Under coach Singletary's direction at the end of last season, the team began to play crisper. The defense, which had surrendered 29 points or more in five straight weeks (weeks four through eight), gave up only 20 points or more twice in the last seven weeks. The defense was allowed to be aggressive and hit people in the mouth, something that was severely lacking with Nolan.
Defensive coordinator, Greg Manusky and coach Singletary seem to be on the same page, deciding on a 3-4 defense that will focus on physicality and speed, rather than deception.
What isn't known is if the 49ers will be able to apply enough pressure on the quarterback to be an effective defense. Over the last four years, San Francisco has been unable to stop teams on third down and has consistently been blistered in the passing game.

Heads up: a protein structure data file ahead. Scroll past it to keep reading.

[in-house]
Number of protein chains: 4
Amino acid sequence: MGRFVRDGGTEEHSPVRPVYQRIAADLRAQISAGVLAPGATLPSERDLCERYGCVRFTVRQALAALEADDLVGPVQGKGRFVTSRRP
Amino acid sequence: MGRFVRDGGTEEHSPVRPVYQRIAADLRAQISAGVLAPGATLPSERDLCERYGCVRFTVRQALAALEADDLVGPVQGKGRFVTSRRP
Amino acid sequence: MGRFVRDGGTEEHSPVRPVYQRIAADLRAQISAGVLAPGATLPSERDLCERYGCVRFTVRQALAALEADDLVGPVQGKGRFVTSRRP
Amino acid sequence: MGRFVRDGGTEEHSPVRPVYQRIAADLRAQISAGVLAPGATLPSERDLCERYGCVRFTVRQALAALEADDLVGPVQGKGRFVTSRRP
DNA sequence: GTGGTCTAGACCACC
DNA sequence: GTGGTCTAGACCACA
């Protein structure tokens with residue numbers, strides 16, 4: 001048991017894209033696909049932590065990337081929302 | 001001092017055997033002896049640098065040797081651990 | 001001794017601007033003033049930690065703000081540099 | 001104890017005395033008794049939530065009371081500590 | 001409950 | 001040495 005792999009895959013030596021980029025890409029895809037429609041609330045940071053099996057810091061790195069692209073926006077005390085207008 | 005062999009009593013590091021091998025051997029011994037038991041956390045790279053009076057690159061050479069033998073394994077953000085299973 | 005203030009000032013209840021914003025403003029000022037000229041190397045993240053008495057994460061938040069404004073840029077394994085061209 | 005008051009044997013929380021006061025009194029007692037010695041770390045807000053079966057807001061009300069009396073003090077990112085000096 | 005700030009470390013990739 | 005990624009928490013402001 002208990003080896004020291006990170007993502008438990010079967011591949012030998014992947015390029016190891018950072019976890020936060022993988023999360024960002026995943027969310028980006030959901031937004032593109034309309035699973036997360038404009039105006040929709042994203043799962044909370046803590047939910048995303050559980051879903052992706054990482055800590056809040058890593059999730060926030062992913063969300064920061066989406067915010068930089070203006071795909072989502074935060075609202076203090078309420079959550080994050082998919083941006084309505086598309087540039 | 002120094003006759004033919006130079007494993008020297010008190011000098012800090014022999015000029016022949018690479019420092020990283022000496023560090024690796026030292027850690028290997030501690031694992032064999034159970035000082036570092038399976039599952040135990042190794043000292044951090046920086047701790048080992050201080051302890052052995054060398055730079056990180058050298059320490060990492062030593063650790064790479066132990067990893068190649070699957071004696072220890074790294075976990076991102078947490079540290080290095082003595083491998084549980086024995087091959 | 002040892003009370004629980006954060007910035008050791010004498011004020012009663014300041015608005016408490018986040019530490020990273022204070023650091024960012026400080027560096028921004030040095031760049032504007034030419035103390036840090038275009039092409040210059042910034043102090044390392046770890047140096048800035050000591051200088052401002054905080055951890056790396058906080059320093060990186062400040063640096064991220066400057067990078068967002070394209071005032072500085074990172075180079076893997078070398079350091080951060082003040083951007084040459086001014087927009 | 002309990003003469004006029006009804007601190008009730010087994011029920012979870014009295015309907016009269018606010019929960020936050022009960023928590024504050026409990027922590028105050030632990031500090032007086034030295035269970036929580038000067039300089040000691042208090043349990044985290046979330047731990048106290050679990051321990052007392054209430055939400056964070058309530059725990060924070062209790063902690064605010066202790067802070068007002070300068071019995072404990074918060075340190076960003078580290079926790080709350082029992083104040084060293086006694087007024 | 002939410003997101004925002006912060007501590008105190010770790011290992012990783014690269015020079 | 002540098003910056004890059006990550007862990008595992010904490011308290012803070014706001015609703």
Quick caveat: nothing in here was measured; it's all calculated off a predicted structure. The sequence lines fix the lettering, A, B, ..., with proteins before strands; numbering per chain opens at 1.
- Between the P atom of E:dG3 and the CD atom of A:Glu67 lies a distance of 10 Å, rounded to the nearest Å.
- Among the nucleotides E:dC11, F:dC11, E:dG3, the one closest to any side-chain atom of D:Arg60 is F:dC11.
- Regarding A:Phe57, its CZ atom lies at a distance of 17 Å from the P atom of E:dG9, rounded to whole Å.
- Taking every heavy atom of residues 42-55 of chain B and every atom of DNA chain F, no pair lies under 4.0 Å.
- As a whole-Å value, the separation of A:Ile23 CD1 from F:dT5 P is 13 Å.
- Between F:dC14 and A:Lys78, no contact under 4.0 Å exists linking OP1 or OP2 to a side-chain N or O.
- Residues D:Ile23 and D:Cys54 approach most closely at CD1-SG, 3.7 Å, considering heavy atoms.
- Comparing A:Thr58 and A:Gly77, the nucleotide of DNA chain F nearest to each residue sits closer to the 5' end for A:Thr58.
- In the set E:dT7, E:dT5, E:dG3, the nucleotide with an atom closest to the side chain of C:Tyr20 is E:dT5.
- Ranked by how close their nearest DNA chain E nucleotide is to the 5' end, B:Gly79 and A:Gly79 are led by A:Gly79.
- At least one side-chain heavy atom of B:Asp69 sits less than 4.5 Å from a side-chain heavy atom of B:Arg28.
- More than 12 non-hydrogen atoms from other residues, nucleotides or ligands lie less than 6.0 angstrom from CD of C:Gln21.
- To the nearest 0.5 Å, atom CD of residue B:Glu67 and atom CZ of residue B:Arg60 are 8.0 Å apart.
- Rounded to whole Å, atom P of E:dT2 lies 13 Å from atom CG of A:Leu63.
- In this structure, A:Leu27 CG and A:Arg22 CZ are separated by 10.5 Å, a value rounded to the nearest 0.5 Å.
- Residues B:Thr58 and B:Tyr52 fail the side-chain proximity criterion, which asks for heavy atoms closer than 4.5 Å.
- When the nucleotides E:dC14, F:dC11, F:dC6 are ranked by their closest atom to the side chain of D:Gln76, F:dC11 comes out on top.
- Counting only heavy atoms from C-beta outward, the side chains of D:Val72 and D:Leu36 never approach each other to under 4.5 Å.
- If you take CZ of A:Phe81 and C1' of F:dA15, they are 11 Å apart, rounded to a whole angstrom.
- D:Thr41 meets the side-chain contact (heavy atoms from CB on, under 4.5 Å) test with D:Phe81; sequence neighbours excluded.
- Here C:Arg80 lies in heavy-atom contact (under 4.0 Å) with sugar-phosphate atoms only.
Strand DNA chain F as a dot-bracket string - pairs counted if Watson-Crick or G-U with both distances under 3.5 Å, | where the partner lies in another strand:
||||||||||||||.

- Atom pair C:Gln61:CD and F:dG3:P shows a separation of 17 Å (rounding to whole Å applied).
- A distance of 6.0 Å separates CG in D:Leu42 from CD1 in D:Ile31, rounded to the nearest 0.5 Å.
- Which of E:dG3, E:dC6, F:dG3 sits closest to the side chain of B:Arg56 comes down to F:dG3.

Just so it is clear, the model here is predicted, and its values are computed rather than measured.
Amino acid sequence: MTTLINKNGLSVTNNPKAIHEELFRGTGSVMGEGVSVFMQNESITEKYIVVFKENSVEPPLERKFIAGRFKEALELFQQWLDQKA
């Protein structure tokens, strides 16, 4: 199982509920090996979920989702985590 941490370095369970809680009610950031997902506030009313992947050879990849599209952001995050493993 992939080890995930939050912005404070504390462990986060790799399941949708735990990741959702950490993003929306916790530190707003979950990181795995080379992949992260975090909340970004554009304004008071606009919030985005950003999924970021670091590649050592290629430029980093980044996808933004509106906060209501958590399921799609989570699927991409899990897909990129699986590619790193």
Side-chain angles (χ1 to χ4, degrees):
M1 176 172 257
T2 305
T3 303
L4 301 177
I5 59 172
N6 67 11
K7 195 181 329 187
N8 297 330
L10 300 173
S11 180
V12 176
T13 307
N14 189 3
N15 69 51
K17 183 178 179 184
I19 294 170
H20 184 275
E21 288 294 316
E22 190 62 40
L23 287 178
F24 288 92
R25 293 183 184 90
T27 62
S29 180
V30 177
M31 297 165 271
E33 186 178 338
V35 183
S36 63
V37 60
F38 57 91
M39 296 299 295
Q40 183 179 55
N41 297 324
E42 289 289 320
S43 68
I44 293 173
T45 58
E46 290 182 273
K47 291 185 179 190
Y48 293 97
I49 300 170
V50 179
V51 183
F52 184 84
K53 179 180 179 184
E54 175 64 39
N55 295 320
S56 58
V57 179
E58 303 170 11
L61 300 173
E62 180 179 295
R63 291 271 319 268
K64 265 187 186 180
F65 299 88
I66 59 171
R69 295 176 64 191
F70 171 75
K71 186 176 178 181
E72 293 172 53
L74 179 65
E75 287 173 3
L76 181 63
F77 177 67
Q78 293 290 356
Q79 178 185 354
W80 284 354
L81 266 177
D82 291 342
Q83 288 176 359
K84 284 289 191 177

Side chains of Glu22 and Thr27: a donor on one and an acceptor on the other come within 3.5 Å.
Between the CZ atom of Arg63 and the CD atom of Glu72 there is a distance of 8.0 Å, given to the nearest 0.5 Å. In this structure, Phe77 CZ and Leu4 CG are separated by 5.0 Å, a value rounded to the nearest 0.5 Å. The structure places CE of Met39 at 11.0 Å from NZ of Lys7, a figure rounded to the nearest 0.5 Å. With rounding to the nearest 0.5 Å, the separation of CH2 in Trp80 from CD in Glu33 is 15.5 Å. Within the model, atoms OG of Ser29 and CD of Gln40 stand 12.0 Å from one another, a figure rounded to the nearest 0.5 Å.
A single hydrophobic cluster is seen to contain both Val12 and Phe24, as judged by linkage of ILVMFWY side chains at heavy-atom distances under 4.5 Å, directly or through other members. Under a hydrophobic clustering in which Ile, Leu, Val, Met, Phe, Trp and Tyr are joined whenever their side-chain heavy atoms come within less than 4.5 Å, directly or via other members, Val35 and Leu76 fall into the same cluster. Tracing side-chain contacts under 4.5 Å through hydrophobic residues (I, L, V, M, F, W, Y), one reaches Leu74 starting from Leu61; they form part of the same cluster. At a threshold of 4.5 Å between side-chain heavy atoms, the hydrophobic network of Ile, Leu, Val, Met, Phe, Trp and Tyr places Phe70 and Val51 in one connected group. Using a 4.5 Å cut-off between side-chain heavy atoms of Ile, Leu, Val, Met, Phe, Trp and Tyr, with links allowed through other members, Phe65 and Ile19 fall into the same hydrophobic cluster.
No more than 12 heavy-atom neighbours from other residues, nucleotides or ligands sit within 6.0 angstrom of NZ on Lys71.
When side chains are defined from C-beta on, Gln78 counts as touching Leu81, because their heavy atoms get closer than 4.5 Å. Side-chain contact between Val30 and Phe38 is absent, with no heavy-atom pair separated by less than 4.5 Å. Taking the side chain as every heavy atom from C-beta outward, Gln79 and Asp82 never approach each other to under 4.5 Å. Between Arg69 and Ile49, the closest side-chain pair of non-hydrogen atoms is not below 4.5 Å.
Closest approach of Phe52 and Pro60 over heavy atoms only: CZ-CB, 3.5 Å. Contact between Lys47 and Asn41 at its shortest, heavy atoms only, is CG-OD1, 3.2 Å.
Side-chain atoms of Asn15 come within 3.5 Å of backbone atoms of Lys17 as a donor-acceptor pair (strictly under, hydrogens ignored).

This year, they plan to allow Manny Lawson the freedom to get after the quarterback. They are trusting that Ray McDonald, Parys Harralson, Justin Smith, Kentwan Balmer, and Manny Lawson will put enough heat on the opposing team's quarterback that they won't have to make a move to secure a pass-rusher.
Their confidence in the current roster is the main reason they felt so comfortable in drafting Michael Crabtree, but it is a risky proposition if you go by track record.
The defense has been playing together for three seasons now and they have a lot of talented parts. The secondary is Jonas Brother's young, with Dashon Goldson, Reggie Smith, Tarell Brown and Marcus Hudson all hoping to get burn. Goldson appears to be the front runner at the free safety position, hoping to beat out the human touchdown conceder, named Mark Roman.
I'm pretty sure that when your free safety has had one interception in three years with your team that it is time to make a change. Roman went to the Derek Smith school of defense, where you play eight yards behind your guy at all times.